45. Schechter M, Zajdenverg R, Machado LL, Pinto ME, Lima LA, Perez MA. Predicting CD4 counts in HIV-infected Brazilian individuals: a model based on the World Health Organization staging system. J Acquir Immune Defic Syndr 1994 Feb;7(2):163-168. [Medline]
    46. Osmond D, Charlebois E, Lang W, Shiboski S, Moss A. Factors affecting changes in time from CD4 = 200 to death in two San Francisco cohorts-1992. 1983 Presented at: International Conf on AIDS; 1993; Germany.
    47. Wang D, DeGruttola V, Hammer S, Harrigan R, Larder B, Wegner S, et al. A CollaborativeHIV Resistance Response Database Initiative: Predicting Virological Response Using Neural Network Models. 2002 Jul 2 Presented at: The XI International HIV Drug Resistance Workshop; 2-5 July 2002; Seville.
    48. Altmann A, Rosen-Zvi M, Prosperi M, Aharoni E, Neuvirth H, Schülter E, et al. Comparison of classifier fusion methods for predicting response to anti HIV-1 therapy. PLoS One 2008;3(10):e3470 [FREE Full text] [CrossRef] [Medline]
    49. Altmann A, Däumer M, Beerenwinkel N, Peres Y, Schülter E, Büch J, et al. Predicting the response to combination antiretroviral therapy: retrospective validation of geno2pheno-THEO on a large clinical database. J Infect Dis 2009 Apr 1;199(7):999-1006 [FREE Full text] [CrossRef] [Medline]
    50. de Oliveira T, Cassol S. Scourge of a Continent: The BioAfrica website. Science 2005;310:1877.
    51. Shafter R, Stevenson D, Chan B. Human immunodeficiency virus reverse transcriptase and protease sequence database. Nucleic Acids Research 1999;27(1):348-352.
    52. Vertibrae Inc and HIVresistanceWeb. HIVresistanceWeb. 2012.   URL: http://www.hivresistanceweb.com/index.shtml [accessed 2012-01-16] [WebCite Cache]
    53. Los Alamos National Laboratory. 2012. HIV databases   URL: http://www.hiv.lanl.gov/content/index [accessed 2012-01-16] [WebCite Cache]
    54. Tural C, Ruiz L, Holtzer C, Schapiro J, Viciana P, González J, Havana Study Group. Clinical utility of HIV-1 genotyping and expert advice: the Havana trial. AIDS 2002 Jan 25;16(2):209-218. [Medline]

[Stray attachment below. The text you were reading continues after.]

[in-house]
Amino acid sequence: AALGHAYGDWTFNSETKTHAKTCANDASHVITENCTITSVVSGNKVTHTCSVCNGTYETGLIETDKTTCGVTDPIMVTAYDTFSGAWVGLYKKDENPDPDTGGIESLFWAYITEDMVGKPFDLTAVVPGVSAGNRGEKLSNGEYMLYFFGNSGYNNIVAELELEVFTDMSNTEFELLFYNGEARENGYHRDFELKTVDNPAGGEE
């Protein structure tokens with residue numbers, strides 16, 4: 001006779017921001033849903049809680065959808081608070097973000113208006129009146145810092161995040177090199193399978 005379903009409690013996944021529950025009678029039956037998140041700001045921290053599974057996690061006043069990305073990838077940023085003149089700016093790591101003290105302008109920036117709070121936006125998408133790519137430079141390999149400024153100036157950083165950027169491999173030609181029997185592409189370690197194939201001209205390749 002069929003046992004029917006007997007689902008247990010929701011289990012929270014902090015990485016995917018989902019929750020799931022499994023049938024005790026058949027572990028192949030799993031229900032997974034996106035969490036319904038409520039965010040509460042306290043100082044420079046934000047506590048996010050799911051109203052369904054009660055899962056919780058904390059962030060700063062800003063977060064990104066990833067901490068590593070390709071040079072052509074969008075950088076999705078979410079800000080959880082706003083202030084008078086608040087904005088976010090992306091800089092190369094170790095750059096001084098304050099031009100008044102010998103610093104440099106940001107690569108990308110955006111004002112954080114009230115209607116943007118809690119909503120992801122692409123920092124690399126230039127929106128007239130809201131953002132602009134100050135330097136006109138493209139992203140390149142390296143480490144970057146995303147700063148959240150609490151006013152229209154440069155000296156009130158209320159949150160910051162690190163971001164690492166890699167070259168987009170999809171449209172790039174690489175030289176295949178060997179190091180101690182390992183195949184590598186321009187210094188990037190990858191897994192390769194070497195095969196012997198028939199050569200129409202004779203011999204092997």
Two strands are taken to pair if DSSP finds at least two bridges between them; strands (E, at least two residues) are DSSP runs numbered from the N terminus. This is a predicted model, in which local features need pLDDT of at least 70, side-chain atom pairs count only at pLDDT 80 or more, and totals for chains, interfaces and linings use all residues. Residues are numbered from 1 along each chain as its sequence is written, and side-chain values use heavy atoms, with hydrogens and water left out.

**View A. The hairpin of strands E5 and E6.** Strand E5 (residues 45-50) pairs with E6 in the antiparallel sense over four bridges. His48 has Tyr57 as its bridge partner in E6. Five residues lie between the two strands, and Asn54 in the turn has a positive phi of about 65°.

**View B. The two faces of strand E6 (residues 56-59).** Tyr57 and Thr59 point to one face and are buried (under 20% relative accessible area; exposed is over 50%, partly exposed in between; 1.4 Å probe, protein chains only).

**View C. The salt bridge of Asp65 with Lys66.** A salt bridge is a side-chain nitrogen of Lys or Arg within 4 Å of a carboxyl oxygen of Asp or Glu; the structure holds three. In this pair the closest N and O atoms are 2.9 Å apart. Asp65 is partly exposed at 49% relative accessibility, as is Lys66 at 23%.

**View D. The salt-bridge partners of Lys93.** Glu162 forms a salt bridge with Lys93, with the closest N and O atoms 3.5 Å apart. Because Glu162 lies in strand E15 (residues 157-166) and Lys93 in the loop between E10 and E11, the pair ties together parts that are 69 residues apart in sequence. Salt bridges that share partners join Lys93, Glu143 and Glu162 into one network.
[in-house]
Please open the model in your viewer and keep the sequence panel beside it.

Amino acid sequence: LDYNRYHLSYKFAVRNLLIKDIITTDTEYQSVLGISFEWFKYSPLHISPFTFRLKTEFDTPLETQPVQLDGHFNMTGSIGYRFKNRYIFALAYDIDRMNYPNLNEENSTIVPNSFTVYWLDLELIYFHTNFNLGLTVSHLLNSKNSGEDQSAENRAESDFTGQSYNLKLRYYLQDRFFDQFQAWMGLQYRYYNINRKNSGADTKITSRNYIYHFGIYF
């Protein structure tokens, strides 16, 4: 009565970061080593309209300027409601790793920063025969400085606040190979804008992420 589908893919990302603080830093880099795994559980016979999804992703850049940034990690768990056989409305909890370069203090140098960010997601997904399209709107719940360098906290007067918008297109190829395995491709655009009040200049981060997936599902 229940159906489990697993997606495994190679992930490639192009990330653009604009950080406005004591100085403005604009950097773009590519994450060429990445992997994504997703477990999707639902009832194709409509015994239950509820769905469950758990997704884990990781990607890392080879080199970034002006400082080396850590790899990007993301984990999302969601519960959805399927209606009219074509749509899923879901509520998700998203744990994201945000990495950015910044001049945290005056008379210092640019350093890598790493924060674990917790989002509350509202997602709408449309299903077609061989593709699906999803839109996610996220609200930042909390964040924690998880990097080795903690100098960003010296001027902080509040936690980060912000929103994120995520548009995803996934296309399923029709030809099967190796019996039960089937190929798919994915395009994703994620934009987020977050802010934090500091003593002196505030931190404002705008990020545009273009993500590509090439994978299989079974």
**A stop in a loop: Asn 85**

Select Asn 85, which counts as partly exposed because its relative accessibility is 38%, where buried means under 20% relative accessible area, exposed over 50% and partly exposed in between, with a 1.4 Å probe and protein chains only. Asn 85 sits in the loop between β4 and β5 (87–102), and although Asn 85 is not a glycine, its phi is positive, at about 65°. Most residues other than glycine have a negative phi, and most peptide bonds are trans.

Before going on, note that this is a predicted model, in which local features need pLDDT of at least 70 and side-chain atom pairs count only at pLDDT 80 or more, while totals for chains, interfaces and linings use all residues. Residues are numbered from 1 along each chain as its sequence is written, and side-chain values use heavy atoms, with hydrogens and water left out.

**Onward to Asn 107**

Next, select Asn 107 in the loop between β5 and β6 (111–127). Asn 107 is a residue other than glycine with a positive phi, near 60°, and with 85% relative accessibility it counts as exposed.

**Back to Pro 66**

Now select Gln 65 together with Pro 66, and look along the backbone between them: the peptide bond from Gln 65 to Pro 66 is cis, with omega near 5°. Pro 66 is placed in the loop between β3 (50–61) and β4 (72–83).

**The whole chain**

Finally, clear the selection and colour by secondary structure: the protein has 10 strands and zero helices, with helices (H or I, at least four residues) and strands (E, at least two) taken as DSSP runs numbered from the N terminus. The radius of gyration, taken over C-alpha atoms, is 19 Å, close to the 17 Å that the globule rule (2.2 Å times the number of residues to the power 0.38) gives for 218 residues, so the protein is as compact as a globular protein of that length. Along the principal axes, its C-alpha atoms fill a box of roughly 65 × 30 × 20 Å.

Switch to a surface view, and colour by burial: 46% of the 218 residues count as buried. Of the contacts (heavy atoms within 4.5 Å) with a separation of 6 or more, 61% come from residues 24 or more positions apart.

55. VIRalliance SAS. HIV phenotyping - A technique to evaluate drug resistance availible worldwide for patients, clinicians and pharmaceutical industries. European Pharmacotherapy 2003.
    56. Mascolini M. A suite of new therapies. 2003 Feb Presented at: 10th Conference on Retroviruses and Opportunistic Infections; 2003; Boston p. 10-14.
    57. Hirsch MS, Brun-Vézinet F, Clotet B, Conway B, Kuritzkes DR, D'Aquila RT, et al. Antiretroviral drug resistance testing in adults infected with human immunodeficiency virus type 1: 2003 recommendations of an International AIDS Society-USA Panel. Clin Infect Dis 2003 Jul 1;37(1):113-128 [FREE Full text] [CrossRef] [Medline]
    58. Dwivedi A, Bali RK, Belsis MA, Naguib R, Every P, Nassar NS. Towards a practical healthcare information security model for healthcare institutions. In: Information Technology Applications in Biomedicine. 2003 Presented at: 4th International IEEE EMBS Special Topic Conference; 2003 April; Birmingham p. 114-117. [CrossRef]


    Abbreviations

    AIDS: acquired immune deficiency syndrome
    ANRS: Agence Nationale de Recherches sur le SIDA
    ARV: antiretroviral
    ASI: algorithm specification interface
    CPT: Calibrated Population Resistance Tool
    CREST: Can Resistance Enhance Selection of Treatment
    CRF: circulation recombinant forms
    DR_SEQAN: Drug Resistance SEQuence ANalyzer
    FI: fusion inhibitors
    HAART: highly active antiretroviral therapy
    HIV: human immunodeficiency virus
    kNN: k-nearest neighbor algorithm
    LASSO: least absolute shrinkage and selection operator
    MLP: multilayer perceptron
    NIAID: National Institute of Allergy and Infectious Diseases
    NRTI: nucleoside reverse transcriptase inhibitors
    PHP: PHP: Hypertext Preprocessor.
    PI: protease inhibitors
    RBNN: radial basis neural networks
    RTI: reverse transcriptase inhibitors
    SVM: support vector machines
    WHO: World Health Organization


    Edited by G Eysenbach; submitted 20.09.11; peer-reviewed by R Foster; comments to author 09.01.12; revised version received 27.01.12; accepted 22.04.12; published 07.06.12

    ©Yashik Singh, Maurice Mars. Originally published in JMIR Research Protocols (http://www.researchprotocols.org), 07.06.2012.

    This is an open-access article distributed under the terms of the Creative Commons Attribution License (http://creativecommons.org/licenses/by/2.0/), which permits unrestricted use, distribution, and reproduction in any medium, provided the original work, first published in JMIR Research Protocols, is properly cited. The complete bibliographic information, a link to the original publication on http://www.researchprotocols.org, as well as this copyright and license information must be included.